16. 16. MILK CHOCOLATE – Milk chocolate is sweet chocolate that additionally contains milk powder or condensed milk. WHITE CHOCOLATE: – White chocolate contains cocoa butter, sugar, and milk but no cocoa solids.
  18. 18. Chocolate Production
  19. 19. Theobroma cacao- the Cocoa Tree • Grows best in tropical rainforest. • Mostly reaches 7.5 metres in height. • Has broad leaves 25 cm long with pale coloured flowers from which pods grow. • Tree bears fruit when 3 to 4 years old. • Each tree yields 20-30 pods per year. • Mostly cultivated from Indonesia, Malaysia & Ghana.
  20. 20. Types of cocoa pods Forastero criollo Trinitario Hardy and vigourous, produces beans with strongest flavour. Not much hardy with its mild or weak chocolate flavour. Cultivated hybrids of the other two. Widely grown in West Africa and Brazil. Grown in Indonesia, Central and South America. Grown mainly in the Caribbean, but also in Cameroon and Papua New Guinea.
  21. 21. Harvesting of Cocoa Trees • Harvesting takes place twice a year from november to january and from may to july. • Fruit is hand-picked to protect the trees. • Once harvested, the pods are opened and their seeds are removed.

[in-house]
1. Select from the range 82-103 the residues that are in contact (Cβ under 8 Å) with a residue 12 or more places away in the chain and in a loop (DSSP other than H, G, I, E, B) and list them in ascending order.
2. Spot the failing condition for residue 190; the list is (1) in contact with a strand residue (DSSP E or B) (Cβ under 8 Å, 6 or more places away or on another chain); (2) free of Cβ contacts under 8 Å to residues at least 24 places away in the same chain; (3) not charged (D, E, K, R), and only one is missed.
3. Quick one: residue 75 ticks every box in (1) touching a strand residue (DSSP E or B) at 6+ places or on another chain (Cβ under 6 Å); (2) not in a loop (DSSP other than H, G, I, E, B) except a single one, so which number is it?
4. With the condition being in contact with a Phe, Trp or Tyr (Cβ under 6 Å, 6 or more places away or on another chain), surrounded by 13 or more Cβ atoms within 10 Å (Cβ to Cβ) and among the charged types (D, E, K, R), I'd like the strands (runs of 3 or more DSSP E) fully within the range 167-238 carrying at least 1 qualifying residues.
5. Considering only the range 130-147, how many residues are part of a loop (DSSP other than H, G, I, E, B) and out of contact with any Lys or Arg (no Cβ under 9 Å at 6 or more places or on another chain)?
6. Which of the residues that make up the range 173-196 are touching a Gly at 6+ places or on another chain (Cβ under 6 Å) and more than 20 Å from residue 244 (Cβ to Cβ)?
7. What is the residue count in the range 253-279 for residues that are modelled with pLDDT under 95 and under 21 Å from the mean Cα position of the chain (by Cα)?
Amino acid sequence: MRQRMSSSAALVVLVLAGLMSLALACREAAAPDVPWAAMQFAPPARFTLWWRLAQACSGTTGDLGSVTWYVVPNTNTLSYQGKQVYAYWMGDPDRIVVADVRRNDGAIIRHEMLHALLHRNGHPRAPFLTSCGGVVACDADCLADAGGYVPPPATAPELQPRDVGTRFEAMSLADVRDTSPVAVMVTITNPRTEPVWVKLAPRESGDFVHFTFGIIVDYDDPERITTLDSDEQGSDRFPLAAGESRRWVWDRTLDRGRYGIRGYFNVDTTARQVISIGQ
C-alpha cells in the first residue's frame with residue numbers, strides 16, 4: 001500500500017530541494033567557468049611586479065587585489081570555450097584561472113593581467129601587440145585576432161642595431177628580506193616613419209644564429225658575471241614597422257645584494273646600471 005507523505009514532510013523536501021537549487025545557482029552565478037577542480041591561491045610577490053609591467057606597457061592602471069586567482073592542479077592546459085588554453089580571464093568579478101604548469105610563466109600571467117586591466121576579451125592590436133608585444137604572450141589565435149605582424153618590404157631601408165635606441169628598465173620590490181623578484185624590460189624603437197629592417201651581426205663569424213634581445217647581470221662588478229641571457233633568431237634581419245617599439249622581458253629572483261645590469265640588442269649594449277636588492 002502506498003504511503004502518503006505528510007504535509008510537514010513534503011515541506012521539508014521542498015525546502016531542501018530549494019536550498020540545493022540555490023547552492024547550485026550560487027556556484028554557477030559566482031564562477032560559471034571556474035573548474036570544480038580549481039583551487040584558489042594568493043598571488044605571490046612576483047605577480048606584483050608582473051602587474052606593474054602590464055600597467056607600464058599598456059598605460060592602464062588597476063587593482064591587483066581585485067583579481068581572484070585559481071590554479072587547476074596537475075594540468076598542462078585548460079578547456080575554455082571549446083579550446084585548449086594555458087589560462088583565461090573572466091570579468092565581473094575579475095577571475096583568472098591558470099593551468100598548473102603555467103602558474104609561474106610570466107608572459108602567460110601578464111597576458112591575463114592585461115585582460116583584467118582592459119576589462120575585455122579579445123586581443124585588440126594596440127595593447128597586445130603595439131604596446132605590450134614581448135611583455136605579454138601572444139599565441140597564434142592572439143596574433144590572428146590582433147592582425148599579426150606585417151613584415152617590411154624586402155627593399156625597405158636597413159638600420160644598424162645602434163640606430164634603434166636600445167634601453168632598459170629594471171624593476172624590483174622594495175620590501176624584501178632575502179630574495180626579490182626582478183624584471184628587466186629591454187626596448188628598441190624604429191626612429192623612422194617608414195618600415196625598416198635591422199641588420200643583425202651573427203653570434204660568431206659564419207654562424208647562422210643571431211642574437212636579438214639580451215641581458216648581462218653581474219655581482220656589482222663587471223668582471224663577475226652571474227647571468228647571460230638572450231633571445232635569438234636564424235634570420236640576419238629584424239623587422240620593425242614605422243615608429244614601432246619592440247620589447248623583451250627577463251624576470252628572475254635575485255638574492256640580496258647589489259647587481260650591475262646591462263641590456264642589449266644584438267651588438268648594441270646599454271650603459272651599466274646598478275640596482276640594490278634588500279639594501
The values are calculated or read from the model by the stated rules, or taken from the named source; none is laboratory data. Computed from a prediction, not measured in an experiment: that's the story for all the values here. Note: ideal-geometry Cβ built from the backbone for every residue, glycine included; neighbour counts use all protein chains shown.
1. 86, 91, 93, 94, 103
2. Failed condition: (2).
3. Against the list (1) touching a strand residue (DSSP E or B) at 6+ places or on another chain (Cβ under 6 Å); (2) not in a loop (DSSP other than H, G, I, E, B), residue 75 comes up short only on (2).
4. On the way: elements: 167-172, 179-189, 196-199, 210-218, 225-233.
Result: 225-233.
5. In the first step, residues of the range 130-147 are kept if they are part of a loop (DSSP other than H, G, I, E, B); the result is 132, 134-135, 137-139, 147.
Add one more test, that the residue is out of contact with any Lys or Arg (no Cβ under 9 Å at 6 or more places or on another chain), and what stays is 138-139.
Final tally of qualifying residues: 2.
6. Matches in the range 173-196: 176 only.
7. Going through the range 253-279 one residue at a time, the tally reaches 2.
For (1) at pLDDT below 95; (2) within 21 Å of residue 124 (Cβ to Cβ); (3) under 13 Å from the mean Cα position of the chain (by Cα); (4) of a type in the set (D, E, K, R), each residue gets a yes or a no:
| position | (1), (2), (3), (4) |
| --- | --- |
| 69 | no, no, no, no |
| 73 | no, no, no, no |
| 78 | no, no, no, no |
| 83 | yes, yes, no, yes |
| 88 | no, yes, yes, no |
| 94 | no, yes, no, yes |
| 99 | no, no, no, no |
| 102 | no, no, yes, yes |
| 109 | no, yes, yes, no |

22. 22. Fermentation • Beans and the pulp are laid in the fermentation boxes. • Fermentation produces heat requiring the beans to be stirred. • Germination in the cacao bean is killed by the high temperatures produced during the fermentation process. • After the 5 days process of fermentation, beans are brown and have a better flavor.
  23. 23. Drying • After fermentation, the water present in the beans is dried up to convert them into chocolate. • Cacao beans are often dried in the sun, which can happen on tarps, mats, or patios. • Humidity in the beans is decreased down to 68% for storage and export. • Once dried, they can be stored for 4-5 years. • After sorting and bagging, the cocoa beans are then loaded on ships to be delivered to chocolate manufacturers.
  24. 24. Roasting • In the manufacturing plant, the selected beans undergo extensive sampling and testing procedure. • Then roasting takes place at usually 210 F for about 10-35 minutes. • The beans are roasted to darken the colour and to further bring out the flavour characteristics of the cacao.
  25. 25. Winnowing • The process of removing shells from around the beans. • The dried beans are cracked and a stream of air separates the shell from the nib, the small pieces used to make chocolate. • The nibs, key ingredient, contain approximately 53 percent cocoa butter, depending on the cacao species.
  26. 26. Grinding • The beans are then usually grounded in a milling or grinding machine called a melangeur. • The nibs are grounded into a paste called chocolate liquor. • A roll refiner or ball mill is used to create heat that melts and distributes the cocoa butter and to further reduce the particle size of cocoa mass. • Flavor of the chocolate bar depends on the percentage of cocoa butter in the liqour. • With more grinding and the addition of sugar, lecithin, milk or cream powder or milk crum and spices such as vanilla depending upon the manufacturer, chocolate is made.